Beautiful hand-made kitchen hand towels. We made a few of them with Christmas charm packs.


What else can you make with yo-yo’s? Christmas Tree Ornaments!

Sew Christmas Tree Yo Yo Ornament

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Comments 44

  1. The Texas Peach

    Love this idea. I think that even I could definitely manage to do this, despite the fact that I haven’t done any sewing since high school. What a great gift idea for family & friends!

  2. cakebrain

    Unfortunately, I cannot sew in a straight line. I am sewing-challenged. It looks like a lot of work! yikes! But so gorgeous! I’d like to receive one of these kitchen hand towels, along with that beautiful Christmas ornament! Cool Christmas ideas!

  3. Pamela

    Wouldn’t these be sweet to bring as gifts to a retirement/nursing home? Makes me want to dust off my sewing machine!

  4. Alison

    I wish I had a machine, but I don’t want to get one unless I know I’ll use it! What if I haven’t got the talent to use it?

  5. sara

    I’m so glad to hear that I’m not the only one who gripes about non-absorbent dish towels!! I’ve never understood how they make their way out into the world and into our kitchens πŸ˜› Thanks so much for the how-to, I’m dying to dig up my sewing machine to make these!

  6. Pamela

    Alison – could you borrow someone’s sewing machine for a couple of weeks to try out? You might find you have a hidden talent!

  7. Vivian

    Okay, really don’t like you anymore ;-). Did you have to be good at crafts too? Damn woman! Makes the rest of us look like the amateurs we are (well me anyway). :-O

  8. Debra Samuels

    Stop giving me new project ideas! I am almost finished with the scarf with the flower and now this? I have a whole bag of colorful washcloths that I was wondering what to do with for the past year. And you have given me another good idea!
    Happy Holidays. Will post photos if I ever finish the projects.

  9. Shirley

    WOW! I love love love this idea!! Thank you for the complete, easy-to-follow directions. Looks pretty easy and cute cute cute.
    I’m a gardner first, a cooker second and third, a crafter…can’t garden in the dead of winter but boy oh boy, I can sew! I agree with Vivian, Jaden makes the rest of us look bad BUT, following her lead kicks us up a few notches. Thank you Jaden for all of the great ideas and this 2011 winter keep-myself-from-going-crazy-during-the-dormant-season project!
    You rock!

  10. hatzin

    I love this idea! Now I know what I will do with some of my left over scrap fabric! I have been needing new towels and haven’t seen anything out there I like so this idea is perfect!

  11. Sandy

    AAAAdorable, you did a beautiful job too, if that’s a bad sewing job, I don’t want to know what you’d think of my sewing.

    Thanks for the great idea!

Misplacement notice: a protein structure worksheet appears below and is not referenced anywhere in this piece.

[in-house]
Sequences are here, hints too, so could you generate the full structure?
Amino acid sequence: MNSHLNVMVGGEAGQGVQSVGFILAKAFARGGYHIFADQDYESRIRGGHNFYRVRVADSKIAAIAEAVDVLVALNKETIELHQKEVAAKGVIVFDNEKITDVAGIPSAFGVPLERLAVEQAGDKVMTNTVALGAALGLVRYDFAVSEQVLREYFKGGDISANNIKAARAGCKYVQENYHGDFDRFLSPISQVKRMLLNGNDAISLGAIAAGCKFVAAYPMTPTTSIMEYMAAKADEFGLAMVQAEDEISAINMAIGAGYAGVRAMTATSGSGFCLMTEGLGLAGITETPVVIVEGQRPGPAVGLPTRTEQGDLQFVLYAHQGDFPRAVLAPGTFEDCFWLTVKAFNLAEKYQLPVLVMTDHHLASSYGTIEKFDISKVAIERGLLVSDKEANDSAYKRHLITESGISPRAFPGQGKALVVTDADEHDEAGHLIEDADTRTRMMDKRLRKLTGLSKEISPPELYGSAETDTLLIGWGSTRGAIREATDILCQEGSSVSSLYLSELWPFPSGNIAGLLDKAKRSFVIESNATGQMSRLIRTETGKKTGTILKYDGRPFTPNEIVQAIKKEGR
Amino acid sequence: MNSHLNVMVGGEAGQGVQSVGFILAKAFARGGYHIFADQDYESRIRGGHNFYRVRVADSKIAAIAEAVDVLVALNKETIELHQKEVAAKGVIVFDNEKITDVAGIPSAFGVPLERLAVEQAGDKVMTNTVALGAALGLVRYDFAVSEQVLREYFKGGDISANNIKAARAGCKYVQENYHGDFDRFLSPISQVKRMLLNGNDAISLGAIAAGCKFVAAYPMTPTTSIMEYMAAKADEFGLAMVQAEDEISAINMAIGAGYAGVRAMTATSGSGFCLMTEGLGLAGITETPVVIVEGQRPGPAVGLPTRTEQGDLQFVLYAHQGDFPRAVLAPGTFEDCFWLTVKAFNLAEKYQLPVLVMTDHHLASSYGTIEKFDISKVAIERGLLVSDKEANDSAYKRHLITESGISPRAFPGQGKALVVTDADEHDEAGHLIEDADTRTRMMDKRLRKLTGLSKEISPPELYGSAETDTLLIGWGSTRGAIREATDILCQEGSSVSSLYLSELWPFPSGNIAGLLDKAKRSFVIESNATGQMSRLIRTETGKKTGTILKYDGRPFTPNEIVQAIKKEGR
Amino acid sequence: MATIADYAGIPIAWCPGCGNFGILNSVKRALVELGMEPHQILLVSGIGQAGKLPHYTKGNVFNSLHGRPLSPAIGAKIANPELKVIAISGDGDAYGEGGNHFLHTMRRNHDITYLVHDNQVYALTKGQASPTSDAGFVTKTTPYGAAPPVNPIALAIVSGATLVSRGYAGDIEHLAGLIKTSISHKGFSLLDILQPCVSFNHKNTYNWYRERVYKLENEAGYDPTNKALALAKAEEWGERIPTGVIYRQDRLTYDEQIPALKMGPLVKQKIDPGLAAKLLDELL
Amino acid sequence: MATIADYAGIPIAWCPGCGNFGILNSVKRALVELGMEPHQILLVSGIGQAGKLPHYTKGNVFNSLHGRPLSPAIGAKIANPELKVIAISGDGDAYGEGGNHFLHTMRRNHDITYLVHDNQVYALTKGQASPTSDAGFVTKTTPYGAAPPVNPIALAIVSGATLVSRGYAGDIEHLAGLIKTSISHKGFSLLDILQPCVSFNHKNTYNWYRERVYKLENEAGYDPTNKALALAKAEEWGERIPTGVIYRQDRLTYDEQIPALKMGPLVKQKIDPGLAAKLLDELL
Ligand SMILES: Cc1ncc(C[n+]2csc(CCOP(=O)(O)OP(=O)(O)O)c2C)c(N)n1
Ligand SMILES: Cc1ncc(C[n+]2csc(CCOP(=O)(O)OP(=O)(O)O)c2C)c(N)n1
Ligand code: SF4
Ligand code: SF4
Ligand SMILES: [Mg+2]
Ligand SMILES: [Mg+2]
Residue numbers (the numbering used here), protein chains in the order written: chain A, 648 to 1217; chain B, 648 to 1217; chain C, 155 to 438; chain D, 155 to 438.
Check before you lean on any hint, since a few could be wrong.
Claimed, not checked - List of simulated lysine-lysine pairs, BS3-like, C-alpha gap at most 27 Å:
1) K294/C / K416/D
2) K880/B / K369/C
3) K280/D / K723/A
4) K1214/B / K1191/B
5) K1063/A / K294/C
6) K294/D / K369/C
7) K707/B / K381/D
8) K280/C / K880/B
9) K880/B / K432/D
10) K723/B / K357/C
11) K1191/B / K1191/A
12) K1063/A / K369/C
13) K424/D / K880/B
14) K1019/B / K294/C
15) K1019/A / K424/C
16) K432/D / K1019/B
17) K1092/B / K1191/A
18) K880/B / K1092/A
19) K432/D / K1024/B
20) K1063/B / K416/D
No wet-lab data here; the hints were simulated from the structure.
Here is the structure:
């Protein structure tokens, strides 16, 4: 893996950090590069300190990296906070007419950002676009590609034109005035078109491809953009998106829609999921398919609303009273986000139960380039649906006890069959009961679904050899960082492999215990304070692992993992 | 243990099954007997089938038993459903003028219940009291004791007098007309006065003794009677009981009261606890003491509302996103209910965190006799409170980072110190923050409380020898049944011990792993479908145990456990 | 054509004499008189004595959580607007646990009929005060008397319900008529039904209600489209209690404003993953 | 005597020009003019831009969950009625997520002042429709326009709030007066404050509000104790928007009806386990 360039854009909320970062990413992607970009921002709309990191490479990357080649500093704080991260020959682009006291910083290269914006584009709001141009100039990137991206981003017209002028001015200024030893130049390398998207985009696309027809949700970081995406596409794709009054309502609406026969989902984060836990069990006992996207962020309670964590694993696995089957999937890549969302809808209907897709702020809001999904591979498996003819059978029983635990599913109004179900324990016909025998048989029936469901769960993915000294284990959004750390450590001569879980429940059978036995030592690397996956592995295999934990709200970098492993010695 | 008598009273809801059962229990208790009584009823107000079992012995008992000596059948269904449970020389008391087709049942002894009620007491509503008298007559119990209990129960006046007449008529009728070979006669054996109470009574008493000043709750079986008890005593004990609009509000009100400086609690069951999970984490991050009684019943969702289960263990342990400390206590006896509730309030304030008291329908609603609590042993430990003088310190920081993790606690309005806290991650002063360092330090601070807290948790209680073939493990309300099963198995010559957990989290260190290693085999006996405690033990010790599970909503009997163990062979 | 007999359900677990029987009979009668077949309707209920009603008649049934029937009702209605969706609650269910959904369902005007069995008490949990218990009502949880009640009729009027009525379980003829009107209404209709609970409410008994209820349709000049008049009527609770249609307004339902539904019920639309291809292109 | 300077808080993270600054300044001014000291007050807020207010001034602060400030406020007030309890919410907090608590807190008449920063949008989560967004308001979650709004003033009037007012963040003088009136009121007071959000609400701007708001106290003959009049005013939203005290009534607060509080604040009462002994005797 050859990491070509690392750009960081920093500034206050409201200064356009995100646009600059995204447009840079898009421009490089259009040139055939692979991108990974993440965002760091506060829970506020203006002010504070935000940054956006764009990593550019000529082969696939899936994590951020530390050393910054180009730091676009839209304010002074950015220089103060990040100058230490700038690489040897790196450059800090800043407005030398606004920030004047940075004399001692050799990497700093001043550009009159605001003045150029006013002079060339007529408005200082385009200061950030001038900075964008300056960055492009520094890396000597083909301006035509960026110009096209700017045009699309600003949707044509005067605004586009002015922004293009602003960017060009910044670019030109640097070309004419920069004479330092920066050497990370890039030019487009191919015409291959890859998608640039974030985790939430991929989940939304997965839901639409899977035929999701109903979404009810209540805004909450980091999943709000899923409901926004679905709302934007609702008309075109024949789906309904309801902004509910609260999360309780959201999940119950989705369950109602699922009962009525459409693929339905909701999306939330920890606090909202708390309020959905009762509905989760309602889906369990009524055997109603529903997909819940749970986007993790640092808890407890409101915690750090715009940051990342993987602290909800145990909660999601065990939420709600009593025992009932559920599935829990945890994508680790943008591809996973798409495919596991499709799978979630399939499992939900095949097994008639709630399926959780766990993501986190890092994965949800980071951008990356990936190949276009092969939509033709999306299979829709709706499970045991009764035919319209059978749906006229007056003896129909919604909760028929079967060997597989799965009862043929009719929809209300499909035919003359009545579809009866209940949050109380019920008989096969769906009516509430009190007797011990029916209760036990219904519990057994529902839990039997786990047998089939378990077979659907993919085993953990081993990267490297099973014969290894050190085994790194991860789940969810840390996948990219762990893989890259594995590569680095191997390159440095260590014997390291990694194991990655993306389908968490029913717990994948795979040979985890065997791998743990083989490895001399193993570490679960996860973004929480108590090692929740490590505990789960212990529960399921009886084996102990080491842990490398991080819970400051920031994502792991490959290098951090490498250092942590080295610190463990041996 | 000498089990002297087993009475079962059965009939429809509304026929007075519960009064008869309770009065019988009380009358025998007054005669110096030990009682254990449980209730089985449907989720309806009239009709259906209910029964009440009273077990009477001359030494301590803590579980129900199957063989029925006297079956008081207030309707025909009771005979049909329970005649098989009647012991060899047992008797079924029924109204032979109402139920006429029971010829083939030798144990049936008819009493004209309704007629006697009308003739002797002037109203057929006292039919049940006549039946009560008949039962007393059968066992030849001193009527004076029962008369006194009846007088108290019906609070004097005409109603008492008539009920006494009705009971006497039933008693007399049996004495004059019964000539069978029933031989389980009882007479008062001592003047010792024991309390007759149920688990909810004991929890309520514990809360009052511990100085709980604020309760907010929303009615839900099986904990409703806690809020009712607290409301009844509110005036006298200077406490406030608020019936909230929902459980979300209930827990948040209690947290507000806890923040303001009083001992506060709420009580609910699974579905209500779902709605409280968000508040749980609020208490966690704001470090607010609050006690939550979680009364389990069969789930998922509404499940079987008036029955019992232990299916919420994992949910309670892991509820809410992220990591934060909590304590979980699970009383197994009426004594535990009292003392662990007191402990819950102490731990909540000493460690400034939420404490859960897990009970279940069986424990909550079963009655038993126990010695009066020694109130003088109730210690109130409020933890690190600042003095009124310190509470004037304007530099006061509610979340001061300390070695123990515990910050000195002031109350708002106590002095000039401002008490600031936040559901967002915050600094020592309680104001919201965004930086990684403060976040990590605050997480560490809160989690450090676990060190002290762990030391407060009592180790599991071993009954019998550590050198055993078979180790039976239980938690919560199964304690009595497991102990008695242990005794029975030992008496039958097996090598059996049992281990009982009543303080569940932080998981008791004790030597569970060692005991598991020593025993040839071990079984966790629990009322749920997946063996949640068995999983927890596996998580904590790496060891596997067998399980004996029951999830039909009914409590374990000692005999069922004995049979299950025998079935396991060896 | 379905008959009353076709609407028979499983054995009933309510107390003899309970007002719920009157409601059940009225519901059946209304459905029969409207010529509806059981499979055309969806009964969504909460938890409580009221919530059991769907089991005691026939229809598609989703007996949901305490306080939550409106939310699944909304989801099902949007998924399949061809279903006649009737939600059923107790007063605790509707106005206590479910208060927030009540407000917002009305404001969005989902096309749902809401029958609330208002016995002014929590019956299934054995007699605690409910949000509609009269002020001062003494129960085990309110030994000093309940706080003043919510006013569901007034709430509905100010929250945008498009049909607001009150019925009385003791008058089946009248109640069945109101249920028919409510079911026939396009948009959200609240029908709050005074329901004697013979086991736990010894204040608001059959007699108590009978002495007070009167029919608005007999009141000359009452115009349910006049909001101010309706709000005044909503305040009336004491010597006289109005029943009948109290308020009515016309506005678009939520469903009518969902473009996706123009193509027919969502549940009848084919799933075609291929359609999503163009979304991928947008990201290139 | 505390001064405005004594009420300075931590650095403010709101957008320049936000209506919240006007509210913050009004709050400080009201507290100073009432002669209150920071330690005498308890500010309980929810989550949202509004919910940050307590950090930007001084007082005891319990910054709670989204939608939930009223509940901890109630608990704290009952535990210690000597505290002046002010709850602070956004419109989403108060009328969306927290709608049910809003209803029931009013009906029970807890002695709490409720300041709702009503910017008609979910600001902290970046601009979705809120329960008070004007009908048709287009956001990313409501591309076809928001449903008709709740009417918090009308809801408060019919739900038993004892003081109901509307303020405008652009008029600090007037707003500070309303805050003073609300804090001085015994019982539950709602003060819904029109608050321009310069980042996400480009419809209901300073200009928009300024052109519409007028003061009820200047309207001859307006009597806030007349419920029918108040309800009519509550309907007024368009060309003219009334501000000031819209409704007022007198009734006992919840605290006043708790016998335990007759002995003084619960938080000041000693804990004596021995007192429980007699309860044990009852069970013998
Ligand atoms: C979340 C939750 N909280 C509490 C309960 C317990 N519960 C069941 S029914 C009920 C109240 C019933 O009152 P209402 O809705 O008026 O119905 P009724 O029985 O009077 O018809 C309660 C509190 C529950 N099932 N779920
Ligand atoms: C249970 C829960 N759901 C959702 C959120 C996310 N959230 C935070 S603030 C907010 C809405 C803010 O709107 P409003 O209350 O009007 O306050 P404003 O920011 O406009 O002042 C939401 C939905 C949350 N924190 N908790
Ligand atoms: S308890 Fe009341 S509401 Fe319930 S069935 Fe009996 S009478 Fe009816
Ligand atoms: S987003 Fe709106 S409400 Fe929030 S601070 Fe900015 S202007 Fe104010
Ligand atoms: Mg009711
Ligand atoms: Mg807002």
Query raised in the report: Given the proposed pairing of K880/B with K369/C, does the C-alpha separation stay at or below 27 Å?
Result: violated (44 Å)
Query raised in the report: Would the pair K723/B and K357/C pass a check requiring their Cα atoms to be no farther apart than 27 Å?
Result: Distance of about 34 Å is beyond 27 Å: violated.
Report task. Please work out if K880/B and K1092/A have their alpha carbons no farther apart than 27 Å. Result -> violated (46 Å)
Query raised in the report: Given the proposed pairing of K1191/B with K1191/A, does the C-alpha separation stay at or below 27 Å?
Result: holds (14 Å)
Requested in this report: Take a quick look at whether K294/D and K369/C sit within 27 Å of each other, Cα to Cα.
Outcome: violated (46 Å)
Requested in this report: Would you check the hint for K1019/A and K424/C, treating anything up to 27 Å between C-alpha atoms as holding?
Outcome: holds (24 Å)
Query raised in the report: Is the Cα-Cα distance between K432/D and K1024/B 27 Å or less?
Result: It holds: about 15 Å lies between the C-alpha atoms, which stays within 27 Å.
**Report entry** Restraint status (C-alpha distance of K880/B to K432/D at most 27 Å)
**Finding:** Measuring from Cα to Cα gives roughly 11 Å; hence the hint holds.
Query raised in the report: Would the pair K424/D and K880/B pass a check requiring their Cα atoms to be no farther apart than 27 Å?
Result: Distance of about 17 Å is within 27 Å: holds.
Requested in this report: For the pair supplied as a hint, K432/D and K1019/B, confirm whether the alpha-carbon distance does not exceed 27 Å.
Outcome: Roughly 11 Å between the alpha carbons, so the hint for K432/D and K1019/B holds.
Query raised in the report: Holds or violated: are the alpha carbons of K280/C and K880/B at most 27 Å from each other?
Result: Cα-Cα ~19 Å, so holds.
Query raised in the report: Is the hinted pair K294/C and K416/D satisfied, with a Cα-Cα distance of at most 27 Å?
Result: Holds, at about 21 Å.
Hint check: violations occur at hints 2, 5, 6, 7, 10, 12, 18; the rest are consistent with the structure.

12. Judy Woodruff

    am going to get the required fabric and start these for gifts next year. Thank you. love it!!

  13. Pammi Nevins

    Thank you for this idea! I made two of them this morning and embroidered on them instead of using the yo yo’s. They turned out really cute.

  14. Pingback: Handtowels for Christmas | Home School Learning

  15. Carrster

    Just made one for my Mom for a birthday gift. I think I’ll be making a few more for Christmas gifts! Of course I need some practice in the straight-line sewing department! Great project! (found you on Pinterest, btw). Happy Thanksgiving!

  16. Janiegirlcrafts

    I lvoe these! I make similar burp cloths, but I didn’t even think about making terrycloth versions. I googled how to make a terrycloth towel and found you. I love your stuff.

    Thanks! Now off to make my Mother in Law’s Christmas Gifts!

  17. Robin

    I love the idea you have with the charm pack fabric–if I just used fabric on hand-what size would the squares be? I have made my own washclothes before-but not dish towels–I love how these look. Thanks

  18. megan

    These are lovely…. I have been making burp cloths for little ones in a similar style, gonna have to add yo yo’s to class them up!

  19. Pingback: Whip up some sweet kitchen towels with this easy tutorial! | Go To Sew

  20. Elizabeth

    Absolutely adorable! I want to make these for gifts. would be cute to give for Valentines Day or Easter too!

  21. Sara Newcomb

    No sizes were given for the individual squares. Love this pattern. Thank you!!! Could you send measurements to me. please? I want to make these for gifts. So cute!!!

  22. Mo

    Hi. So cool how years later I’m now just getting to see this. Love it. I’m new to sewing. I found the charm packs that are 5″ squares. When sewing these squares -am I sewing them together with a 1/4″ seam? Thanks again!